As part that two-year deal, we have secured an increase in the pupil deprivation grant to £1,150 per pupil, helping to boost funding for schools to invest in children from the very poorest backgrounds. We welcomed the recent second evaluation report on the pupil deprivation grant, which confirmed that the additional funding is making a difference to educational outcomes for pupils who are eligible for free school meals. Thanks to the funding that we initially secured for this policy in 2011, there have been significant improvements in literacy, numeracy, behaviour, confidence and self-esteem for disadvantaged pupils. The rate of improvement in GCSE attainment of pupils eligible for free school meals has almost doubled since the introduction of the pupil deprivation grant. The two-year funding deal has also given schools more certainty over future funding of the PDG, enabling them to plan ahead to ensure funding is spent most effectively.
 
We also secured £7.5 million to extend the pupil deprivation grant to the under-fives, benefiting over 12,500 nursery pupils across Wales. The Sutton Trust found that the poorest children are 19 months behind on school readiness at the age of five. That is why early intervention is key, and we need to make sure that every child gets the care and attention they deserve when they are very young.
 
We also secured protection against the planned cuts to apprenticeships with funding for around 5,000 new apprenticeships over two years. In England, under the coalition Government, we saw an increase in apprenticeships of an unparalleled scale, with almost 2.5 million apprenticeship starts over the last five years. In contrast, in Wales we saw decline in apprenticeships, with figures only recently returning to the level of 2006. In almost a decade, we have just managed to break even. We are pleased that, through the budget, we secured funding for apprenticeships to help build the highly skilled workforce in Wales that we need.
 
We secured £14.75 million for our young travellers youth concessionary fare scheme, which is giving discounted bus travel to 16 to 18-year-olds across Wales. So far, over £1.9 million has been allocated to local authorities in south-east Wales, £801,960 to south-west Wales, over £1 million to north Wales, £97,440 to Ceredigion and £148,360 to Powys. This scheme is open to 112,500 young people in Wales, helping them to access work, education, training and apprenticeships.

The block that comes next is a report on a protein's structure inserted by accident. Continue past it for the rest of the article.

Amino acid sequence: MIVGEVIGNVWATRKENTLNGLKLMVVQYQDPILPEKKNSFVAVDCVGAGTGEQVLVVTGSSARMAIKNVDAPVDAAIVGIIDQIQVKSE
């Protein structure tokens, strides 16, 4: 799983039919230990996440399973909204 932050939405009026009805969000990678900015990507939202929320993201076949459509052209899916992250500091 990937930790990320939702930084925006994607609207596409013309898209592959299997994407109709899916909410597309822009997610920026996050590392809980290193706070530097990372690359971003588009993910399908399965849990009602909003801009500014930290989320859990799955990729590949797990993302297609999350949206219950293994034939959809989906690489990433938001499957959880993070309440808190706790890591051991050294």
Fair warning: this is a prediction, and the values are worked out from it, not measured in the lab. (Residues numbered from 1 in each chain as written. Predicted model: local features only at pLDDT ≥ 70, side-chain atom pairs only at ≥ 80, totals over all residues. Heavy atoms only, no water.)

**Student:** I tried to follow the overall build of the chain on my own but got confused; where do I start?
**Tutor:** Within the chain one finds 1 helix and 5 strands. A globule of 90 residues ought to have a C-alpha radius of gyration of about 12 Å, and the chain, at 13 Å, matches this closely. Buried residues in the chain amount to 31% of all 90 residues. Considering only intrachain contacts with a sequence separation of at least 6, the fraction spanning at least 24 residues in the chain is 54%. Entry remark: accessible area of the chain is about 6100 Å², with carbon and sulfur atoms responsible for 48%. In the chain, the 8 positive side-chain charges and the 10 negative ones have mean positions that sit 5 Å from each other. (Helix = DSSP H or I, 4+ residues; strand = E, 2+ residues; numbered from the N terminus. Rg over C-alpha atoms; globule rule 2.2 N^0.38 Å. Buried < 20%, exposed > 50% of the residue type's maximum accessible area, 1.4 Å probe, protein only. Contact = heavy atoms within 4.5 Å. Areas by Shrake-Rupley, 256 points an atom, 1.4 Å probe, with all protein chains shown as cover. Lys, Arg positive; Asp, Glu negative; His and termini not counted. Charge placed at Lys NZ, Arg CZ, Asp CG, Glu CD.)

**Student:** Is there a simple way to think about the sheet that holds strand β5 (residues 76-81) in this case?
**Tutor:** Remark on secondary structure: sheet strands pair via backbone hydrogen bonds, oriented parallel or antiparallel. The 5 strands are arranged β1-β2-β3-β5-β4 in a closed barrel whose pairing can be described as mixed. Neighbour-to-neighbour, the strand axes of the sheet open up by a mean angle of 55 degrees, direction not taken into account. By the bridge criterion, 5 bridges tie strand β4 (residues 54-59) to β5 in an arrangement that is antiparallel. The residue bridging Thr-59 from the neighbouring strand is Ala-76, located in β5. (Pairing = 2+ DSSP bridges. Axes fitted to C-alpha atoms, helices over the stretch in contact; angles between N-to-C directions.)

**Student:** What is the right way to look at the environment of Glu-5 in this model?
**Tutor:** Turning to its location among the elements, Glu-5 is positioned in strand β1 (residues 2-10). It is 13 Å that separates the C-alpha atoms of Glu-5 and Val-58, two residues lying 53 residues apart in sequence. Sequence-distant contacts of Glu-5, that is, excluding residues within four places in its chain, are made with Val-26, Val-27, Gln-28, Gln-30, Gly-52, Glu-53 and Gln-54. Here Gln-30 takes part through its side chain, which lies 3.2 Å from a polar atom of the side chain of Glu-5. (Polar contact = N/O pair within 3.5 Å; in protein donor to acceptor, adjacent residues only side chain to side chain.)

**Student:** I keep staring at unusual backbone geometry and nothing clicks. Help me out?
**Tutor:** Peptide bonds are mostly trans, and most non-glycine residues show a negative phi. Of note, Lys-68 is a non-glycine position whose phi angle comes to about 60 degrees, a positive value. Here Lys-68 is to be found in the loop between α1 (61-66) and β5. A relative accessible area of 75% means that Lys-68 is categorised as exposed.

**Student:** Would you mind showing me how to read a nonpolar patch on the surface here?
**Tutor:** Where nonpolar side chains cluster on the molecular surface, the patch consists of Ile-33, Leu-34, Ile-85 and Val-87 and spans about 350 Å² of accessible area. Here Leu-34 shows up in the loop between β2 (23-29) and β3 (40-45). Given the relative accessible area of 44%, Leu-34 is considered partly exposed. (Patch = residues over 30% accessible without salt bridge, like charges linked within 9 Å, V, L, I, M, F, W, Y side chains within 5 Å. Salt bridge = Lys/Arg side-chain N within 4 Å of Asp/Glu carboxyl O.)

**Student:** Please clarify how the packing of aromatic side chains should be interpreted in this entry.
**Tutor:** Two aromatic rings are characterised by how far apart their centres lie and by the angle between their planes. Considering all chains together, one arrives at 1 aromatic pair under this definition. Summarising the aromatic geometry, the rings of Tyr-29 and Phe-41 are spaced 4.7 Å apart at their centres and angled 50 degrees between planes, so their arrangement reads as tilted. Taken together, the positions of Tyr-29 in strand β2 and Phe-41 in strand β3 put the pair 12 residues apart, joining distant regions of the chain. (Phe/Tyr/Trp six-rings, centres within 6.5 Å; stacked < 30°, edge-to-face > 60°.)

Following our recent debate, we also welcome that the Supporting People grant has been protected, which delivers such vital support to some of the most vulnerable people in Wales. Every £1 invested in the Supporting People programme saves £2.30 across health, social care and housing, demonstrating that this is a truly worthwhile investment. We welcome the increased spending on health of £245 million, or 3.5 per cent. Two hundred million pounds is being given to support core NHS delivery and we hope that this will help ensure that we have safe staffing levels on our hospital wards, so that staff have the time to give patients the care that they need. The £30 million extra for mental health and older people is also welcome, but we need to see much greater investment in mental health to a level equal to its disease burden. Given the fact that 23 per cent of the disease burden of the UK comes from mental illness, whilst only 11.4 per cent of the NHS Wales budget is spent on mental illness, clearly, more needs to be done. Spending more money on mental health care is an investment. Mental ill health costs Wales £7.2 billion a year; spending more on mental health care would avoid more costly spending on physical illness and the number of working days lost from mental ill health, saving money in the long run.
 
The Local Government Settlement has caused considerable concern, despite the overall cuts in the draft budget being less than feared. Bob Wellington, the WLGA leader, said that the
 
‘settlement offers a welcome slow-down in the daunting level of budget cuts local government has experienced over recent years.’
 
And it did do that. However, clearly there was an issue in relation to rural authorities, which have been referred to already. Of course, that manifested itself particularly in terms of Powys and Ceredigion, which saw a 4.1 per cent and a 3.4 per cent cut respectively. While the vote on the local government settlement is separate from this vote today, and of course separate from the budget deal that we did with the Welsh Government, the Welsh Liberal Democrats made it clear that we would not have supported a settlement that hit rural areas so badly. That is why we had those constructive discussions with the finance Minister and we are very pleased with the announcement today of additional funding for Powys, Ceredigion and Monmouthshire. We’ve worked with them, and we’ve worked with local government and the HE sector to put right those issues from the draft budget, and I think we have succeeded. This is not about shouting from the sidelines; this is getting real results.